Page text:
25

It is therefore up to the national courts to award reasonable compensation to the creditor under Article 6(3) of Directive 2011/7, to the extent that the total sum of all the recovery costs incurred by the creditor and considered by the national courts to be reasonable exceeds EUR 40, and after deducting from that amount the EUR 40 already awarded by way of a fixed sum.

26

That interpretation is unaffected by recitals 19 and 20 of Directive 2011/7.

27

It cannot be inferred from those recitals that ‘internal’ recovery costs may only be compensated for by the fixed sum of EUR 40, while other recovery costs should be subject to independent compensation under Article 6(3) of Directive 2011/7 (see, to that effect, judgment of 13 September 2018, Česká pojišťovna, C‑287/17, EU:C:2018:707, paragraphs 34 to 37).

28

Furthermore, and in any case, the preamble to an EU measure has no binding legal force and cannot be relied on either as a ground for derogating from the actual provisions of the act in question or for interpreting those provisions in a manner that is clearly contrary to their wording (judgment of 13 September 2018, Česká pojišťovna, C‑287/17, EU:C:2018:707, paragraph 33). As the referring court also observes, Article 6 of Directive 2011/7 does not draw any distinction between internal recovery costs and other recovery costs.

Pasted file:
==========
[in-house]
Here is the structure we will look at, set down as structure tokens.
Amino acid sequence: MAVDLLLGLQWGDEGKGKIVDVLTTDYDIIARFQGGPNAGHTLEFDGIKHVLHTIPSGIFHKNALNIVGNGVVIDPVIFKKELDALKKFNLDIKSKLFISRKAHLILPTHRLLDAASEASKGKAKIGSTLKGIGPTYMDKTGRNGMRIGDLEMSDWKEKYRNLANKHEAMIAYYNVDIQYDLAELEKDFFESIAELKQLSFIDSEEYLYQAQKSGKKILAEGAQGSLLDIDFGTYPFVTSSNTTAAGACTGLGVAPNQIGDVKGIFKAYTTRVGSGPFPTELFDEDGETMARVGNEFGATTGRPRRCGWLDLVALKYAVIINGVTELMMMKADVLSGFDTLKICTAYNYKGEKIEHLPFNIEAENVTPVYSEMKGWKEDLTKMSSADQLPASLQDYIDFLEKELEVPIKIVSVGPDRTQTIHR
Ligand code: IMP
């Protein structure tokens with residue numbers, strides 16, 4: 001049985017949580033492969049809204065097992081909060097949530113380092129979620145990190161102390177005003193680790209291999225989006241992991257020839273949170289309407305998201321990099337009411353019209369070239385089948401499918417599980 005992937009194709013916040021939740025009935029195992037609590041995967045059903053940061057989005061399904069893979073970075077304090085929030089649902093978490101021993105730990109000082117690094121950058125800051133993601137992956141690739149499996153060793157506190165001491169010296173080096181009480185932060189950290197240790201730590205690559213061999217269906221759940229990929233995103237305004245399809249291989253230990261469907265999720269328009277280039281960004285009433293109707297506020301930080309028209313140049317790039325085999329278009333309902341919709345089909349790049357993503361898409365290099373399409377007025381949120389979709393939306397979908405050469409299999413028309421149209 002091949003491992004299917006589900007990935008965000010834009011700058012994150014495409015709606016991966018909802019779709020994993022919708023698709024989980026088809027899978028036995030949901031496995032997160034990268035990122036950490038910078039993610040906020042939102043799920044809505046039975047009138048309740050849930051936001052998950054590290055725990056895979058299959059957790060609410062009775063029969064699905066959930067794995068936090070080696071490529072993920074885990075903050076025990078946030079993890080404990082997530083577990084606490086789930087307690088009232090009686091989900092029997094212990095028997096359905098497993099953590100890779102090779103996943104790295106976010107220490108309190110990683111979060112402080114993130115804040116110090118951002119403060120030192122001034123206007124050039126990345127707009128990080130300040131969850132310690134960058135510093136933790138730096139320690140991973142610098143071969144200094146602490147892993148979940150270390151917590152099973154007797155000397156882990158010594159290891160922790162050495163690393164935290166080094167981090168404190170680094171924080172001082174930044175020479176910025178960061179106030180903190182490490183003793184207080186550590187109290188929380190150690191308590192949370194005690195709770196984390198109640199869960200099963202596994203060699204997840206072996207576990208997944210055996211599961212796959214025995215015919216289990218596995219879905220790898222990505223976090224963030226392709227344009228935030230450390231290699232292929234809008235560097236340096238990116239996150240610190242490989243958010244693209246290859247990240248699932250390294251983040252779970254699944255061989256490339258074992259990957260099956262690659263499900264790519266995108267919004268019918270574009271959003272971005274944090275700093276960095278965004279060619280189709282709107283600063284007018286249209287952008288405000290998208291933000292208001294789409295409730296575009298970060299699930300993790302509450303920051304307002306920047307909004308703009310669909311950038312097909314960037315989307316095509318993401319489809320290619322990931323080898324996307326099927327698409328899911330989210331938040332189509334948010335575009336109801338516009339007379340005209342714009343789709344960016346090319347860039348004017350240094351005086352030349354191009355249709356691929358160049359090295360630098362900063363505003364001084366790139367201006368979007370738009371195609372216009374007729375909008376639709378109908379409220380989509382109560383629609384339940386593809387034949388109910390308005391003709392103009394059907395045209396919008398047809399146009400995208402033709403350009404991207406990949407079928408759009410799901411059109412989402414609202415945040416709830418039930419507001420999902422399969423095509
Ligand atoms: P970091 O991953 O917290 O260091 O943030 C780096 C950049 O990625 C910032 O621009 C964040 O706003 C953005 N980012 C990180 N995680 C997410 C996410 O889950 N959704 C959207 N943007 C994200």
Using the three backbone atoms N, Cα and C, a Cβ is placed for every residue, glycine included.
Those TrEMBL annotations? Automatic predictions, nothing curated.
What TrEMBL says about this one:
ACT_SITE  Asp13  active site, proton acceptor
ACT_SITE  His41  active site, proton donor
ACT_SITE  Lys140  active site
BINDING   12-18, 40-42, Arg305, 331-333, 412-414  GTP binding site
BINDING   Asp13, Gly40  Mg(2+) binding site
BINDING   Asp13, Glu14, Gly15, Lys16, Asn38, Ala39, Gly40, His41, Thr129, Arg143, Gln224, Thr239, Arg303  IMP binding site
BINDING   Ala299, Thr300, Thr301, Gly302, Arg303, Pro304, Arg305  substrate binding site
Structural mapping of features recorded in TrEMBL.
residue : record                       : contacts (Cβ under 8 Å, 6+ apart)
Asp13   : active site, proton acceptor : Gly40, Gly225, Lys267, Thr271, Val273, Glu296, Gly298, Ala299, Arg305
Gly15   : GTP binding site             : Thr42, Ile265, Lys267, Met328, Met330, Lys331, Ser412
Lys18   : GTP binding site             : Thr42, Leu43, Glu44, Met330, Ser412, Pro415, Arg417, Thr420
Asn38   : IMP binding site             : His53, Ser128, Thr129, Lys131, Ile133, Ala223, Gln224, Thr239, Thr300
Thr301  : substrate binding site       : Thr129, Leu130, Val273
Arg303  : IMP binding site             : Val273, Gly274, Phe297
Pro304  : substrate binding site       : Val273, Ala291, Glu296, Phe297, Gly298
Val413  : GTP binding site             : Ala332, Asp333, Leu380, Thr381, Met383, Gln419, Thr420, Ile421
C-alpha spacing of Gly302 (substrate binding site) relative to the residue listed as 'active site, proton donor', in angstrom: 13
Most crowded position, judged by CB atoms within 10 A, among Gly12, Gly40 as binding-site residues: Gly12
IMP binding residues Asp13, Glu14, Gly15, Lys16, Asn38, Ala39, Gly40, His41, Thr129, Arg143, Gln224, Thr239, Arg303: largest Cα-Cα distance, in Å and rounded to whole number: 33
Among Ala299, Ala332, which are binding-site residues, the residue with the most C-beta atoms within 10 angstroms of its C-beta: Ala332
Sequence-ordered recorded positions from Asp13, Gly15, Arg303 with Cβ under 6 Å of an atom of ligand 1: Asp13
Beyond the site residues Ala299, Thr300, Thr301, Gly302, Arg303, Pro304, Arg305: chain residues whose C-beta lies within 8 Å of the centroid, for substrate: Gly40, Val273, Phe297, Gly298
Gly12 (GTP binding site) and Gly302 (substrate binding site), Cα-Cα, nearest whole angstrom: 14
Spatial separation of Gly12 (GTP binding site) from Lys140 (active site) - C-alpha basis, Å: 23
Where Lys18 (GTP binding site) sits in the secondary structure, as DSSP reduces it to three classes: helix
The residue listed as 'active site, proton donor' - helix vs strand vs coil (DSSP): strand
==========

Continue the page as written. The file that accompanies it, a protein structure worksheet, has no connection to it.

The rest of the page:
29

It follows from the foregoing that the answer to the question referred must be that Article 6(3) of Directive 2011/7 must be interpreted to mean that the fixed sum of EUR 40, to which the creditor is entitled pursuant to Article 6(1) of that directive, must be deducted from the reasonable compensation provided for in Article 6(3) thereof.

Costs

30

Since these proceedings are, for the parties to the main proceedings, a step in the action pending before the national court, the decision on costs is a matter for that court. Costs incurred in submitting observations to the Court, other than the costs of those parties, are not recoverable.

 

On those grounds, the Court (Tenth Chamber) hereby rules:

 

Article 6(3) of Directive 2011/7/EU of the European Parliament and of the Council of 16 February 2011 on combating late payment in commercial transactions must be interpreted to mean that the fixed sum of EUR 40, to which the creditor is entitled pursuant to Article 6(1) of that directive, must be deducted from the reasonable compensation provided for in Article 6(3) thereof.

 

[Signatures]


( *1 ) Language of the case: German.